I hope for everybody that the rest of the tour proves me to be a
 gibbering idiot with no concept of reality and an overly cyinical nature.
Peace, and keep those DATs rolling...

From: ()
Subject: Providence! *WOW*
Date: Fri, 5 Feb 1993 16:12:58 GMT

Hello all!

        I just got to work (11:00am) after the Providence show last night.
WOWOWOW!  What a great show!  I didn't write down the set list, but 
some highlights:  HARRY HOOD!  I had never seen them play it live.
They opened with Axcilla, which i had never heard before.
Great job! Whew.  Also, Mike's Song was awesome!  One of the best things 
about the show was the ushers.  It must have been the ladies' auxillary
or something because most of them reminded me of my grandmother. :)
I walked in, gave my ticket to one of them: "Follow me, honey."  :)
What a great time!  They got a little nervous when people started dancing
on the seats, but they really didn't care (at least the ones near me).
I saw security hassle a few people, but these people were really screwing 
up (trying to open the fire doors, etc.).  I was standing next to one
of the ushers (ladies) during amazing grace, and she was singing along!
It was great!  The theatre was BEAUTIFUL!  (Definately worth the $.50 
restoration fee on my tix!)  Built in 1927 (I asked), and restored in
1957.  VERY hip place.  Great sound.  Great people.  Wow.
I was also able to find Jeff Maggard (don't ask me how), and he gave
me the Analog seed for the NYE tree. (tree is done, you'll hear from
me soon)  Thanks for that DAT too Jeff, It great!  My Silicon Graphics
LOVES Phish!  See you all later!

                                        peace out.


v----  ooo!  nifty new .sig!
From: "st. stephen" 
Subject: Re: Providence show
Date: Fri, 5 Feb 1993 19:02:59 GMT

   Attended last night's show at PPAC (a lovely place!).  Here are my
   I've never had such up and down impressions from a single show before.
There were times when I thought the music was just wonderful and then
others where it was completely pathetic.  It was really strange to move
from completely bored to completely engaged in just 2 mins.  I have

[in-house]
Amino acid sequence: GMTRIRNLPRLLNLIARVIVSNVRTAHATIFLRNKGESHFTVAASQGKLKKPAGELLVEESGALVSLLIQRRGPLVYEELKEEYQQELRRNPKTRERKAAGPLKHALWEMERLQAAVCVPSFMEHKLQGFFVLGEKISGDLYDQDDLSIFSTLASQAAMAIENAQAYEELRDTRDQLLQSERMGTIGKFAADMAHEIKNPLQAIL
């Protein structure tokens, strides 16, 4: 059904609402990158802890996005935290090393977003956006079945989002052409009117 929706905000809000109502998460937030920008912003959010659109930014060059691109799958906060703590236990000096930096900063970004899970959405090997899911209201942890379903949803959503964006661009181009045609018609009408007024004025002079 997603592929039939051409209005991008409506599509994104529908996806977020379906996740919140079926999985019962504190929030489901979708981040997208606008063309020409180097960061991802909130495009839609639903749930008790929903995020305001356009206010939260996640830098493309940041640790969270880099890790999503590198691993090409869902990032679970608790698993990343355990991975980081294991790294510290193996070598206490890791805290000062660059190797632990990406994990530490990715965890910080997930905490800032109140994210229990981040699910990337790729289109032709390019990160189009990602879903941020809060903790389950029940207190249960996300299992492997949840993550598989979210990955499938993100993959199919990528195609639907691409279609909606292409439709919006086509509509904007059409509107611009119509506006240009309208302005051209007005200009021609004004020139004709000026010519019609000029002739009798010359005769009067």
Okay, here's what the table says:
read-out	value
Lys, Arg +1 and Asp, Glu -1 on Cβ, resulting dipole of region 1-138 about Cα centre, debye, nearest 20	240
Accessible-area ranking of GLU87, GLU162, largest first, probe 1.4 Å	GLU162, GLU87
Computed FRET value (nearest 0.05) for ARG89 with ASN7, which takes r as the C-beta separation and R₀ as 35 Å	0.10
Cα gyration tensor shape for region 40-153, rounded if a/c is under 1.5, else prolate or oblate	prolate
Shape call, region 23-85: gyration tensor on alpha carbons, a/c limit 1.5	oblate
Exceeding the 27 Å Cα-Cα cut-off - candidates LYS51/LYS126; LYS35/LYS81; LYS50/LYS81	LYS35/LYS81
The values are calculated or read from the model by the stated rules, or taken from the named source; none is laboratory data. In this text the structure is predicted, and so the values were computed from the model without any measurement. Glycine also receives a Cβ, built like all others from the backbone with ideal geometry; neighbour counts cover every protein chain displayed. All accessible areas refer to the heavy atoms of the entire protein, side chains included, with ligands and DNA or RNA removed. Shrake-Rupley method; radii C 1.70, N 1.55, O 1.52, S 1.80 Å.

not listened to the Rift disc yet, but last night's glimpse doesn't
inspire me to run out and purchase it.  I thought the new songs almost
exception were boring, trite, formulistic and far too repetitive.  It's
not got anything to do with their performing abilities because I thought
that most of the show was really quite good.  Songs like Foam, Stash,
Antelope etc were all done with amazing precision and insight.  I don't
have nearly the tape collection or live show experience that most netters
here do, my live collection being a snapshot from mid '90 (Co. shows).  As
such I was impressed to see that some (most) of these "older" songs
were given new arrangments, small changes to keep them alive.  I have no
idea how new some of these changes are, but it's a credit to the band's
vitality and musicality that they keep the songs alive by coming up with
arrangements.  I really dug the way Weekapaug Groove had the lyrics sung
in a surrealistic fashion at the end of the song (as opposed to the
catchy, pop-like rendition my live tapes have).
    But the new songs really can't compare.  Songs like Maze, Fast enough
for You, were nothing more than semi-heavy metal excusions into MTV arena
power songs.  They displayed none of the subtle interplay that i've come
to know and love about Phish.  The few solos Trey ventured on these songs
sounded just like any other metal/hard rock garage band, ie. predictable,
uninspired, mundane.  This is a huge contrast to the usual witty and
thoughtful solos i expect from him.  A very large defect of the new songs
is far too much repetition.  I think Phish's style leans heavily on
repetition anyway ( to do the very cool polyphonic stuff they do, ie.
bouncing, Foam, etc.) and so they must always be on guard for repetion
that dulls and bores the audience.  How many times do you need to hear